Prescot: A Neglected Treasure

By on Saturday, October 23, 2010

By David L Rattigan

Steeple of Prescot Parish Church

As you drive away from Liverpool on the A57, just beyond Huyton, a church steeple atop a hill dominates the skyline. It has stood for almost 300 years; the church below it, St Mary’s, has just seen its 400th birthday. The parish itself dates to at least the 12th century.

The steeple looks over a town that has been home for centuries to the Earl of Derby. His sprawling estate now contains Knowsley Safari Park, the legacy of the 13th Earl of Derby, who kept a menagerie of animals on the land. He invited an artist to the estate to create paintings of the creatures for posterity; the artist was Edward Lear, the nonsense poet and limericist, who wrote The Owl and the Pussycat for Lord Derby’s grandchildren.

In the late 16th century, the Prescot Playhouse was one of the most important free-standing theatres outside London. There is strong historical evidence to suggest Shakespeare himself stayed in the town and wrote or staged plays there. (This is not merely anecdotes and folklore kept alive by local armchair historians. Ongoing research by academics at John Moores University, Liverpool, supports the thesis, and historians Richard Wilson and David George are among those to have backed the theory.)

In 2007, the Shakespeare North Trust was established to advance its connection to the Bard and, backed by Knowsley Metropolitan Borough Council, they launched a lottery bid to build an arts centre, to be housed in a replica Elizabethan cockpit theatre in the town.

Three years later, the project, having failed in its bid for funding, has dwindled to virtually nothing. Will anything be done to commemorate Prescot’s Elizabethan heritage and its Shakespearean associations? It seems to be just one of many lost opportunities in Prescot.

Prescot has a museum, the only permanent visitor attraction apart from Knowsley Safari Park. While it has housed some excellent temporary exhibitions on non-local subjects, the only permanent display is dedicated almost exclusively to Prescot’s historic clock- and watch-making industry. Where are Shakespeare, Edward Lear, Horatio Nelson and Emma Hamilton? Where is the history of one of Merseyside’s most beautiful churches (and the borough’s only Grade I listed building)? Where is the celebration of the town’s vibrant Elizabethan past, some of which can still be glimpsed in the age-old timbers, shop-fronts and buildings of modern Prescot? Where are the boasts that Prescot is home to the narrowest street in Britain? (And a quaint, cobbled street it is, too.)

Those boasts just don’t exist. We get clocks instead. And, puzzlingly, the museum closes its doors on bank holidays, when the most visitors are guaranteed to be passing through the town.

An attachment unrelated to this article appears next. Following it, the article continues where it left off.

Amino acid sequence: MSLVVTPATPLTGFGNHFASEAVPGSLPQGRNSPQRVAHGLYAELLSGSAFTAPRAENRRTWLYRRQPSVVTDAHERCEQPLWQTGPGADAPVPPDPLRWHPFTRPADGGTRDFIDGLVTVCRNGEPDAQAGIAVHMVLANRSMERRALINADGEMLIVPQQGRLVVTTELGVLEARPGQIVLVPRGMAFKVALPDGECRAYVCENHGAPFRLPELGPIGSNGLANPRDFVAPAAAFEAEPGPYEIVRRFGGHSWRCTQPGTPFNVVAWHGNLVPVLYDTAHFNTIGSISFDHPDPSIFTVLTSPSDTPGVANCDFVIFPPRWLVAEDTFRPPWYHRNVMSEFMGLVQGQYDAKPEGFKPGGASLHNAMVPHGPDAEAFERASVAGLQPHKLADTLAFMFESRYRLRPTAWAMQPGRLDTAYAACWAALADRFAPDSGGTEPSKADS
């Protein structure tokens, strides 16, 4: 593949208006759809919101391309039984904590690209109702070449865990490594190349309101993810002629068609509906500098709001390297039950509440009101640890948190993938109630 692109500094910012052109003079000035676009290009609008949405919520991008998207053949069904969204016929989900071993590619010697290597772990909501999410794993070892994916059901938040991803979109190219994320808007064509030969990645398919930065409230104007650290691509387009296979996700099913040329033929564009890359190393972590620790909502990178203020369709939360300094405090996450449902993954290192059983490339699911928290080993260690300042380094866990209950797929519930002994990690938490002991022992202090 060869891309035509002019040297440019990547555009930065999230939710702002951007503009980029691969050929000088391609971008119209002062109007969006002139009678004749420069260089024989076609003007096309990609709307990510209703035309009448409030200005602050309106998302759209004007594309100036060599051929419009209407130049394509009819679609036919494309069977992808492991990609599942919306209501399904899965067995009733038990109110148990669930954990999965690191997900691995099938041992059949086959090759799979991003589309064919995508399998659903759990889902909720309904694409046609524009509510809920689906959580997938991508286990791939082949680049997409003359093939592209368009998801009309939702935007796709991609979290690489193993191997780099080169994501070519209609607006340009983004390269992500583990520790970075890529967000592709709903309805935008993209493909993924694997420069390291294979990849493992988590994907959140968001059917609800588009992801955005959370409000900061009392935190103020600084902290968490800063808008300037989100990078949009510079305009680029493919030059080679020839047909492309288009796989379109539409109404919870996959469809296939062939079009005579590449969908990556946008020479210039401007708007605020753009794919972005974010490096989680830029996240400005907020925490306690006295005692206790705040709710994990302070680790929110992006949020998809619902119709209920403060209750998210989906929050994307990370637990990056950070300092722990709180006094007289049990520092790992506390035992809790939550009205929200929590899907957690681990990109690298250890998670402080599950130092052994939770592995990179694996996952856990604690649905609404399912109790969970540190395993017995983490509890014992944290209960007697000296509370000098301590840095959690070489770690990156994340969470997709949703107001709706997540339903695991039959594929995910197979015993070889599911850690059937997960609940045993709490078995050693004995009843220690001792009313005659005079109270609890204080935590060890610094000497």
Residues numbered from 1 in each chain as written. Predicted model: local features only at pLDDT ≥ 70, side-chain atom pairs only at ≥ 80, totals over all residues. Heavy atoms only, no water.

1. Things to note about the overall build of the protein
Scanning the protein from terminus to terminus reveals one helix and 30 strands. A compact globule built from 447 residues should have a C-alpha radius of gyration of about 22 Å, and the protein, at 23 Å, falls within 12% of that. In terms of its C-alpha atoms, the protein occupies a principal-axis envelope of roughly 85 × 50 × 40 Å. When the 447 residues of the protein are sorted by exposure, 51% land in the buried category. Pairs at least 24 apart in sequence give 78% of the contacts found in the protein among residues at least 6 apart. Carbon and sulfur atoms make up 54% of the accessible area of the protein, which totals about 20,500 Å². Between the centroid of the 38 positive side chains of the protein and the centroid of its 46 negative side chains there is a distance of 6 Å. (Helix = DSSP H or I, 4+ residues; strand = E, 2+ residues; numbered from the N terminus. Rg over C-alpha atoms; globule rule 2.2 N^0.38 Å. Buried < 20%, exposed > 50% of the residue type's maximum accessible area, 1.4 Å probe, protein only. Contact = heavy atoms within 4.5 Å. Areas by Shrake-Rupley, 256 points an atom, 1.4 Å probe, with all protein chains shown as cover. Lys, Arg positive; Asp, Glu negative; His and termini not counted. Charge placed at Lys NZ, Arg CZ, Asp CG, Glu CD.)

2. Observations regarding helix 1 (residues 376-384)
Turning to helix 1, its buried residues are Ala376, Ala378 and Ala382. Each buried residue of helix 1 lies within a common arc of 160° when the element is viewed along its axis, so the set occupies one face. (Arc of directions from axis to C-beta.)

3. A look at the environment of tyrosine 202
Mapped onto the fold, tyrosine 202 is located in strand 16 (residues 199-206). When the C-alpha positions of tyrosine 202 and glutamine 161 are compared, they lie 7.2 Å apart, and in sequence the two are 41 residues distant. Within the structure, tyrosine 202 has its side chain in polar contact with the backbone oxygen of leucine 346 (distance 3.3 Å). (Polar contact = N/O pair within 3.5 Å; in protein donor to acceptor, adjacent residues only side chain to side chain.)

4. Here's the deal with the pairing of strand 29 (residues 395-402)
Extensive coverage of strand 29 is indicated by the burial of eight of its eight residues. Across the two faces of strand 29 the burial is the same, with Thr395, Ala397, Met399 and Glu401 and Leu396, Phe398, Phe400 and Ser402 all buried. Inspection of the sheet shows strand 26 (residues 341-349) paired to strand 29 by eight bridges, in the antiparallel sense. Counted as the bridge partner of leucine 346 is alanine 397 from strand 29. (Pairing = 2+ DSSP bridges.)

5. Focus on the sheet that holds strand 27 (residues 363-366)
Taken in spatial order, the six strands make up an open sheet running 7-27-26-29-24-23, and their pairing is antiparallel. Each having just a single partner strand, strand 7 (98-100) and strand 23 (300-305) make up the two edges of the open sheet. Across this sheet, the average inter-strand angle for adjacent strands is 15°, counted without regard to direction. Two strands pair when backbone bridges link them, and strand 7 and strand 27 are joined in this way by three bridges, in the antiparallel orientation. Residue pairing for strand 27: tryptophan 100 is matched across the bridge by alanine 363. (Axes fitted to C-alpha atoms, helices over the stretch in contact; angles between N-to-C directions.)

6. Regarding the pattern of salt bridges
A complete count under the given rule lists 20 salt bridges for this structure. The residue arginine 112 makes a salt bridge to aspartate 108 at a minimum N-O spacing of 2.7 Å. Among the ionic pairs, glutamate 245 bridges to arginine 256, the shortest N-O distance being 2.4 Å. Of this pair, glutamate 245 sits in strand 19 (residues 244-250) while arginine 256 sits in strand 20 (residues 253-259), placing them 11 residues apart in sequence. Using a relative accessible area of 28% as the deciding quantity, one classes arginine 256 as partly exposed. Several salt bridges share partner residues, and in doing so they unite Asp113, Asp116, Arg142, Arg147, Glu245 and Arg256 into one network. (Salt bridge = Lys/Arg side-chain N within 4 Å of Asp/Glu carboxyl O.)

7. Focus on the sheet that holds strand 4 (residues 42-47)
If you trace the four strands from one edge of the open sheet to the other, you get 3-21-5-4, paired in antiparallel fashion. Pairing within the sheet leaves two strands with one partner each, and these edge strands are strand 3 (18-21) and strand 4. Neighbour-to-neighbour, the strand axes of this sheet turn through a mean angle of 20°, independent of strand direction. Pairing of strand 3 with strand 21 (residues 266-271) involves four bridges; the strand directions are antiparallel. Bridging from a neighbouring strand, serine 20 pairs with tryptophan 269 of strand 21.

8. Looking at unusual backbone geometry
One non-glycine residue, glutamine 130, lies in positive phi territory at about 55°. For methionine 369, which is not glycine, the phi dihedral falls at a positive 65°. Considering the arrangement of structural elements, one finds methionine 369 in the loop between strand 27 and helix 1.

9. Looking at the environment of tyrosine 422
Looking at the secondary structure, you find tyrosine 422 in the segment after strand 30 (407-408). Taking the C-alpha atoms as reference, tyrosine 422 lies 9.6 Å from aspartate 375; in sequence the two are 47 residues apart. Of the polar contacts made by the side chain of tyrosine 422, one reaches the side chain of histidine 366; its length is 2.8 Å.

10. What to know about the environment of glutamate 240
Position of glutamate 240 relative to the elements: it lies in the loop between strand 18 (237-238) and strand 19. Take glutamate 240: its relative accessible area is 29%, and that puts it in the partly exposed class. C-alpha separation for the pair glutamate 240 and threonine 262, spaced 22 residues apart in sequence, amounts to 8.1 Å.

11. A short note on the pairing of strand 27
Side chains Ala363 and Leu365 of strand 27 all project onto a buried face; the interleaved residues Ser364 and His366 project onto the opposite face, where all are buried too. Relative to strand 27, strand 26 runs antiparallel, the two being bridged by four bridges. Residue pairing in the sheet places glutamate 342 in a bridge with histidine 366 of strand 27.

It’s not just tourism that suffers. Who in a position of any political power is doing anything for business and trade in the town? Local authorities seem to have given every conceivable break to Tesco, resulting in a thriving retail park on the edge of the town centre, but small businesses and shops in the town centre lie forgotten. One by one, Eccleston Street shops have become vacant and been boarded up. A walk through the now-dreary town centre reveals few signs of life.

The Prescot Festival (disclosure: this author was its assistant director from 2005 to 2009), an annual 10-day arts and music festival, has done sterling work to make use of the town’s venues–mostly churches and their halls–but still the town lacks a single purpose-built venue for arts, entertainment and community functions. There is an outdated, dilapidated leisure centre with a moderate-size function room, but Knowsley Council is currently heavily pushing plans to close it and replace it with little more than a block of pitch-side changing rooms. In fact, it needs radical renovation or replacement with a far better community venue.

But there are signs of hope. It seems some Prescotians are finally at the end of their tether and are standing up to fight. In the past few months, several Facebook groups have sprung up to decry the situation. People are talking, and the talk is becoming action. Earlier this month, over 500 signatures were collected in a few hours to protest the planned closure of Prescot Leisure Centre. A handful of grassroots activists, supported by Lib Dem councillors, are starting to make noises and fight Prescot’s corner against Knowsley Council. (This author is no partisan, but where are the local Labour councillors in this?)

It is grassroots activism that will save Prescot. Everyone knows there is little money to go round at the moment. But Prescot doesn’t want special treatment. Prescotians just want what is due to them, and what has been given to other towns in Knowsley. Tesco and big developers have more than their fair share of the Prescot pie, leaving the town centre to die. Towns like Huyton and Kirkby have more than their fair share of the Knowsley pie, leaving Prescot to pick at the crumbs.

Their fair share is all Prescotians want and are entitled to. Otherwise, Prescot will continue to sink into a mire of wasted potential and squandered opportunity.

Floreat Prescotia–may Prescot flourish.


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